A judge has barred a planned celebration marking the anniversary of the 1964 Brazilian coup which overthrew the democratic government.
President Jair Bolsonaro had planned to celebrate the anniversary of the start of military rule on Sunday.
The far-right president's decision had provoked widespread condemnation.
He defended the decision earlier this week, stating the aim was to remember the era rather than commemorate military rule itself.
Judge Ivani Silva da Luz said the event celebrating the 55th anniversary of the coup was not "compatible with the process of democratic reconstruction".
He said commemorative dates must be approved by the country's Congress.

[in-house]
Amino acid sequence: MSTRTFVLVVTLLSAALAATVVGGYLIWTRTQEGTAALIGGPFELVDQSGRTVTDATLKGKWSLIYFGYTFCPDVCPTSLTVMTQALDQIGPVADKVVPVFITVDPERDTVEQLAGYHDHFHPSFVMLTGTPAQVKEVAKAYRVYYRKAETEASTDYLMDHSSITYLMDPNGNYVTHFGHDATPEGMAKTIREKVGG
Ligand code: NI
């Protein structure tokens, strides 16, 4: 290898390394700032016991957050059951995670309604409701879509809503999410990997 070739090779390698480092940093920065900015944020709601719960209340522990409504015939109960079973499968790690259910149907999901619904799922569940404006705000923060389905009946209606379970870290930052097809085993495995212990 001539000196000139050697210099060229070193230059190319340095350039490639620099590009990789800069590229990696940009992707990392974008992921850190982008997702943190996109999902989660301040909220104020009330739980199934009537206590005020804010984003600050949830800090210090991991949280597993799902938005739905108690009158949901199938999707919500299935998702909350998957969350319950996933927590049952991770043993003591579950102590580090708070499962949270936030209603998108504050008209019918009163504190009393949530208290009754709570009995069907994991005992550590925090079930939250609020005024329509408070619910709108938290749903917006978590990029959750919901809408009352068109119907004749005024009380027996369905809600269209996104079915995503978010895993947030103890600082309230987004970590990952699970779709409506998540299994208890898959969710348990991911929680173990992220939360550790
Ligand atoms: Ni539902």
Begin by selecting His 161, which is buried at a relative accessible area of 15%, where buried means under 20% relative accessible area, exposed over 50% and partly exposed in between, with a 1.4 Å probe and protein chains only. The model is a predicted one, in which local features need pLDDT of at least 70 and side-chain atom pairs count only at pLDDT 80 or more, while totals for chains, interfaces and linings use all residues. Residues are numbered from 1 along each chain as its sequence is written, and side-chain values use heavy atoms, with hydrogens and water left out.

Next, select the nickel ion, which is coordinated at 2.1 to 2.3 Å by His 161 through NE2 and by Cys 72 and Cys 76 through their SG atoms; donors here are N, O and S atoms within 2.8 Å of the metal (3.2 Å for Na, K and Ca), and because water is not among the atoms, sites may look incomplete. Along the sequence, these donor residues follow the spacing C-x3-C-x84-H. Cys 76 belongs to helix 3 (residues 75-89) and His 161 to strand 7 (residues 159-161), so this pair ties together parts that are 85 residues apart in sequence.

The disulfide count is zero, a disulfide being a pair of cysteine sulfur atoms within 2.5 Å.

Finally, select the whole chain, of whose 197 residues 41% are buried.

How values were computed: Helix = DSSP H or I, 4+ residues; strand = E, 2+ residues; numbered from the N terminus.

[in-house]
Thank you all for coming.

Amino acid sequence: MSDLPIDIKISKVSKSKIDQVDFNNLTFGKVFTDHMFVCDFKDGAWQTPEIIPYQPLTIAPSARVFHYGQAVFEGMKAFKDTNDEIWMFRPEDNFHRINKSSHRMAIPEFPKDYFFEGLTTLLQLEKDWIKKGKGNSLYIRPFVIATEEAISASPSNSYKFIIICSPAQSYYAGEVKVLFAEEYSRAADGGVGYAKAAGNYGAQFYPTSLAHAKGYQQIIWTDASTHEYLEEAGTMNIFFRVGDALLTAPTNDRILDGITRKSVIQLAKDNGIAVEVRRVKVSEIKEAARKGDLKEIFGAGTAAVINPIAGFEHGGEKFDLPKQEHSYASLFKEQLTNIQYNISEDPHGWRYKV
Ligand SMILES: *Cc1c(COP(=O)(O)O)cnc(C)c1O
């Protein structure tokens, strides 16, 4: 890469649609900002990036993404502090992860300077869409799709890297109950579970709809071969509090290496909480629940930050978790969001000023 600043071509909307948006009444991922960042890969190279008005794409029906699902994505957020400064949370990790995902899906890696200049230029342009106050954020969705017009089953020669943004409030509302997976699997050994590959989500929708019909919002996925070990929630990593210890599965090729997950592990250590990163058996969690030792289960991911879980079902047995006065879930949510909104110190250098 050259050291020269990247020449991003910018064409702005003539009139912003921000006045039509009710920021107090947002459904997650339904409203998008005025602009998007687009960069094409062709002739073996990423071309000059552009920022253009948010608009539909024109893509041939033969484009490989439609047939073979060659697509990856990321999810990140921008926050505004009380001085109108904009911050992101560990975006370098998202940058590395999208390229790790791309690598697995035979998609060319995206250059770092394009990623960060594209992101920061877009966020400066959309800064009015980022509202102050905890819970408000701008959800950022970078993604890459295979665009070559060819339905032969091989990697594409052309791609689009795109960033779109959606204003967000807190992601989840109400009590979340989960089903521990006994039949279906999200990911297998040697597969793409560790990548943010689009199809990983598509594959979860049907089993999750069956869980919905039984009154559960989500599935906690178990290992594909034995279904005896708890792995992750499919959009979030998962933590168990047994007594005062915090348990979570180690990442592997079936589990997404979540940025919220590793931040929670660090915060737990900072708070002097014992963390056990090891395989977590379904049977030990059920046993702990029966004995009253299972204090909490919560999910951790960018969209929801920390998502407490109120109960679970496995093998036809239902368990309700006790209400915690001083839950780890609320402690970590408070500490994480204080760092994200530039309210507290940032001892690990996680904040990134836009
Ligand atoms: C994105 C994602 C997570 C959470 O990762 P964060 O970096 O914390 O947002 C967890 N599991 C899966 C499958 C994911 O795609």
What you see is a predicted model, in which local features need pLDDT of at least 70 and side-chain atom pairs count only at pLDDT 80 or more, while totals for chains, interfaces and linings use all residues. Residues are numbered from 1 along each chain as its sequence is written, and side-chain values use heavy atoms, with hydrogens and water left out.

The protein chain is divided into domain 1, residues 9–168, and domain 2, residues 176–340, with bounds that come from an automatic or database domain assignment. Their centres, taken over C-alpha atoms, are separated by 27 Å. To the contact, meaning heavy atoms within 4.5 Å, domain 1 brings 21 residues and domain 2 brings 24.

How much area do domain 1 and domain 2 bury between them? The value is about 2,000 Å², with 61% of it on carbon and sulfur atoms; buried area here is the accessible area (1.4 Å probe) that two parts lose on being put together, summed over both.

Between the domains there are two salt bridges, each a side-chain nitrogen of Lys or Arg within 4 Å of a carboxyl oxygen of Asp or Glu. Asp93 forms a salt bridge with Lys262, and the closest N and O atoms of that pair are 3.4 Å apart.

During the 21 years of dictatorship in the 1960s and 70s, at least 434 people were killed or disappeared, according to the findings of a 2014 national truth commission.
None of the military officials in power at the time has been prosecuted.
Mr Bolsonaro, who is a former army captain and openly admires former dictators, was elected in October.
He is a divisive figure who has sparked controversy with racist, homophobic and misogynistic comments.
Opposition to the planned celebrations had been growing throughout the week, with calls on social media for street protests in Sao Paulo and Rio de Janeiro.
On Tuesday, Brazil's Federal Public Prosecutor's Office (MPF) issued a statement that said celebrating the dictatorship would be celebrating "an unconstitutional regime responsible for serious crimes of violation of human rights".
"This initiative sounds like an apology for the practice of mass atrocities and therefore deserves social and political repudiation," the statement continued.